6. and [increase verb + customer gain]
  7. unlike [competing value propositions]

Let's look at each element.

Icon of a wrapped present.

1. Offering

Ad-Lib Line: Our [offering]

What do you want to offer—and how do digital elements help?

  • For example, you might want to:
  • Create a new product or service
  • Improve an existing offering/effort
  • Aggregate, analyze or distribute digital assets, like content or datasets
  • Create a social network, platform, or marketplace

2. Customer

Ad-Lib line: help(s) [customer group]

Who are they?

Consider your customer's or stakeholder's orientation to the world. Demographics describe details about their circumstances, while Psychographics describe their worldview and emotions, and Sociographics refer to the networks of people they inhabit.

3. Customer Jobs

Ad-Lib line: who want to [jobs to be done]

What do they have to get done?

You can infer specific needs or opportunities your user or customer may have from their demographics, psychographics, and sociographics. Each of these views of the user corresponds to specific functional, emotional, and social 'jobs' they need to do.

You can construct a view of actual or fictional users and other stakeholders by developing a persona model— a comprehensive profile of a person used in the value proposition and user experience design processes.

4. Data and Tech

Ad-Lib line: using [data sources] and [technologies]

What data sources will you draw upon? What technologies will you use?

Data is a core element of any digital value proposition. Consider what data, analysis, technologies, or intellectual property you might use to help your customers. Here are a few examples of data:  

  • Unstructured text
  • Images
  • Maps
  • Individuals’ demographics
  • User activity and preferences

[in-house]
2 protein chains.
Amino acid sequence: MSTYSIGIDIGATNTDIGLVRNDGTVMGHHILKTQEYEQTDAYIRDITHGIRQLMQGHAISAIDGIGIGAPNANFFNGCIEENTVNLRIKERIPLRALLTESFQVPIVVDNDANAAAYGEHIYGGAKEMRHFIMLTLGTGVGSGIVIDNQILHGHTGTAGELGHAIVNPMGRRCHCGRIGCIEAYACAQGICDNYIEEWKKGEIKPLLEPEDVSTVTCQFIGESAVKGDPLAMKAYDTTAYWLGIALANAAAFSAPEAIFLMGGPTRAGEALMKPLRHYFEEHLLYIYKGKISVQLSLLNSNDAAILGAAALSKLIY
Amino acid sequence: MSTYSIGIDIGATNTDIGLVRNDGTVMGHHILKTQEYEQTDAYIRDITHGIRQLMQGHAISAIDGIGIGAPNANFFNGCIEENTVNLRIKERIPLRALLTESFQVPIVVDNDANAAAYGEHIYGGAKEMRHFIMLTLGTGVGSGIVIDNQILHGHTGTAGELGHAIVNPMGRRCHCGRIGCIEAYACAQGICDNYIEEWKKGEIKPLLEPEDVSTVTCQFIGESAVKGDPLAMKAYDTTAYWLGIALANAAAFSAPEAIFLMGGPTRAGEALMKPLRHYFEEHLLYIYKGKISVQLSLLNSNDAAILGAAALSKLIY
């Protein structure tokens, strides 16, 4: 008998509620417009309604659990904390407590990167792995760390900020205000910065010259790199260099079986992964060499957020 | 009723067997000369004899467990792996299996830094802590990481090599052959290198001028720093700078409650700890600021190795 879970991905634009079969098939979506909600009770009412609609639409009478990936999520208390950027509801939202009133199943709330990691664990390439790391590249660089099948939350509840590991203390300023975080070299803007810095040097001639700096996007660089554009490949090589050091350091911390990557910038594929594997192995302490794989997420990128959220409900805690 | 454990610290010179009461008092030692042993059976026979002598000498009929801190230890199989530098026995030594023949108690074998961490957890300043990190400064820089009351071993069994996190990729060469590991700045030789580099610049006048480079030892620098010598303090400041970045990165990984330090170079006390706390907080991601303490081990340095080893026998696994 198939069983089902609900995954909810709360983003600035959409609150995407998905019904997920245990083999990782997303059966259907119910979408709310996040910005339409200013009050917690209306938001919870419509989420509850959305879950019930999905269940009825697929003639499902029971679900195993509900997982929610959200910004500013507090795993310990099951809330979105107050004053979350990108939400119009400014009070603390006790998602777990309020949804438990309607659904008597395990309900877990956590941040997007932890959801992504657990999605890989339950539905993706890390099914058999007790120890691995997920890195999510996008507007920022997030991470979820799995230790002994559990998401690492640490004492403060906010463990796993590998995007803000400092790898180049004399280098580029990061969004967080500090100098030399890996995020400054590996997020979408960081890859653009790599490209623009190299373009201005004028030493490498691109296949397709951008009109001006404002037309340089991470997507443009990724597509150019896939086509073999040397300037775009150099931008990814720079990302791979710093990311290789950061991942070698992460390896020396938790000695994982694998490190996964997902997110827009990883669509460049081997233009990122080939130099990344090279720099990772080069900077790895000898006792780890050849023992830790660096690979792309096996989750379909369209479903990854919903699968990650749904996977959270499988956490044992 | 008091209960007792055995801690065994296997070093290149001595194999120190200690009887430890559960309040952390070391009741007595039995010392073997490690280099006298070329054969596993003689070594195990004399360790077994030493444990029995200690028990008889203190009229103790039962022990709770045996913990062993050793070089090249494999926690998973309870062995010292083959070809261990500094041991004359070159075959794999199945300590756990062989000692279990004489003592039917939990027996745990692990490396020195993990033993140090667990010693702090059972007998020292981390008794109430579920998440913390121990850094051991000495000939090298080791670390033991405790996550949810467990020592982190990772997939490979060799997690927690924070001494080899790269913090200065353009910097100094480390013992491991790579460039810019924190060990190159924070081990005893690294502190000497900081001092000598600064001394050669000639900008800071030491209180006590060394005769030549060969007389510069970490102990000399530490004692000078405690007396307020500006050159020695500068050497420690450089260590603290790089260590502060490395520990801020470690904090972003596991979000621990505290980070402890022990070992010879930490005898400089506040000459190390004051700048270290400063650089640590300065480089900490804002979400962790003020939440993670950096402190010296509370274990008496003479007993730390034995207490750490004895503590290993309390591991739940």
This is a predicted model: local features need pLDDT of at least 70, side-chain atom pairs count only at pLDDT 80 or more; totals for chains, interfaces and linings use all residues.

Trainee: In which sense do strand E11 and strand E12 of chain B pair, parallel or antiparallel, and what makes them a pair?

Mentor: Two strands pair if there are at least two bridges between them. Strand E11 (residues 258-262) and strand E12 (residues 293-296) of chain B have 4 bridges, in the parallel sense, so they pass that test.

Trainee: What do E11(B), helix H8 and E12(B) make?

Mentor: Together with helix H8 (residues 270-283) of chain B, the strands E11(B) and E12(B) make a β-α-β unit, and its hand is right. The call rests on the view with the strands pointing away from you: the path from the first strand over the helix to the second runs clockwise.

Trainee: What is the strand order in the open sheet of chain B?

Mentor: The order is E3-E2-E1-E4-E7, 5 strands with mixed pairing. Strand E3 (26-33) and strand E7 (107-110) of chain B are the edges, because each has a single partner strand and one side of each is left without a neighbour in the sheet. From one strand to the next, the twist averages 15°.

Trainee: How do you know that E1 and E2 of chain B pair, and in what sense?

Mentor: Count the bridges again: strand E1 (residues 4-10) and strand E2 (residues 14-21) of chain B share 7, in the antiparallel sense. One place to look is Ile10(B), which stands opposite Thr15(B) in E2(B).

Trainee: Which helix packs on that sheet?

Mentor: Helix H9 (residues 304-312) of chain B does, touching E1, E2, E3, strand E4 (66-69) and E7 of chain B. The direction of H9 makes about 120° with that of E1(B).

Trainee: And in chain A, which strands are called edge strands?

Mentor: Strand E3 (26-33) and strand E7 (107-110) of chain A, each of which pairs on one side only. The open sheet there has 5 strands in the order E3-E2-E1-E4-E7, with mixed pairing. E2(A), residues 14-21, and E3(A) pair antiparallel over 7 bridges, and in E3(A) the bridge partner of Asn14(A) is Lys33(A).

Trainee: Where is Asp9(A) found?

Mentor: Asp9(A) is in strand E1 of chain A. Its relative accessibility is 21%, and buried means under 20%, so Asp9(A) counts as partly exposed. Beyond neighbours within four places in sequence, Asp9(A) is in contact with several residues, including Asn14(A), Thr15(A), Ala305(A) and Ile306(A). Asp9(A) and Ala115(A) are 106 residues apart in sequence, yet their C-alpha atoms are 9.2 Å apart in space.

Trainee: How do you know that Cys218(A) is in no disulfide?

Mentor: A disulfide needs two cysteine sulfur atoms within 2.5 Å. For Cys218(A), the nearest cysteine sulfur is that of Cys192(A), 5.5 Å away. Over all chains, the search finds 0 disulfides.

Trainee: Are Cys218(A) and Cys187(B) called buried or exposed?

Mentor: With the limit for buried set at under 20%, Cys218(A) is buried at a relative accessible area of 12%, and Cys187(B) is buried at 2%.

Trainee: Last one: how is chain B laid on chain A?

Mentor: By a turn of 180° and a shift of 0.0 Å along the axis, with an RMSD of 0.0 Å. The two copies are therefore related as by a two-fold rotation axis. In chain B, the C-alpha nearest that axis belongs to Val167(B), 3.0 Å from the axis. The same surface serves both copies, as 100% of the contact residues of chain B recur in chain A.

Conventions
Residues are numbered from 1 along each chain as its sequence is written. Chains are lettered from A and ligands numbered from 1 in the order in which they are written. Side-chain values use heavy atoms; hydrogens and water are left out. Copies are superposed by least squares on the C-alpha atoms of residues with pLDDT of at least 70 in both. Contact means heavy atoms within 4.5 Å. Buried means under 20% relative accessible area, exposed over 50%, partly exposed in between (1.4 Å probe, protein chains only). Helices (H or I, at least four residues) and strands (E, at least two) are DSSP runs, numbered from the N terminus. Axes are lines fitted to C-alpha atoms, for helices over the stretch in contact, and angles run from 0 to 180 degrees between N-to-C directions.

• Transactions
  • Prices
  • Company info
  • Trends
  • Geographical data

You can learn more about using data in Creating Value with Data and access the Data Source Explorer to consider what kinds of datasets you could use or create.

5. Pains

Ad-Lib line: to [reduce verb + customer pain]

What painful parts of customer jobs will you solve? For example, you might lessen:

  • Effort, time, or cost
  • Friction and hassle
  • Complexity
  • Inconsistency or problems with reliability
  • Problems integrating different technologies
  • Challenges of sharing work or collaborating with others

6. Gains

Ad-Lib line: and [increase verb = customer gain]

What parts of customer jobs will you make easier or more effective? These might simply be the inverse of pains you relieve, but could also be:

  • Bringing surprise and delight to customers
  • Adding a better design or aesthetic to a functional item or tool
  • Bringing play to work
  • Solving additional problems a customer didn't know they had or had given up on solving
  • Helping a user focus or optimize their time

7. Differentiation

Ad-Lib line: unlike [competing value propositions]

How is this different?

If your offering isn't wholly new (e.g., other offerings in the market try to solve the same 'jobs to be done' for the same customer), a well-crafted value proposition can help you determine how you are different. It will also allow you to see whether your competitors are direct, indirect, or 'phantom' competitors.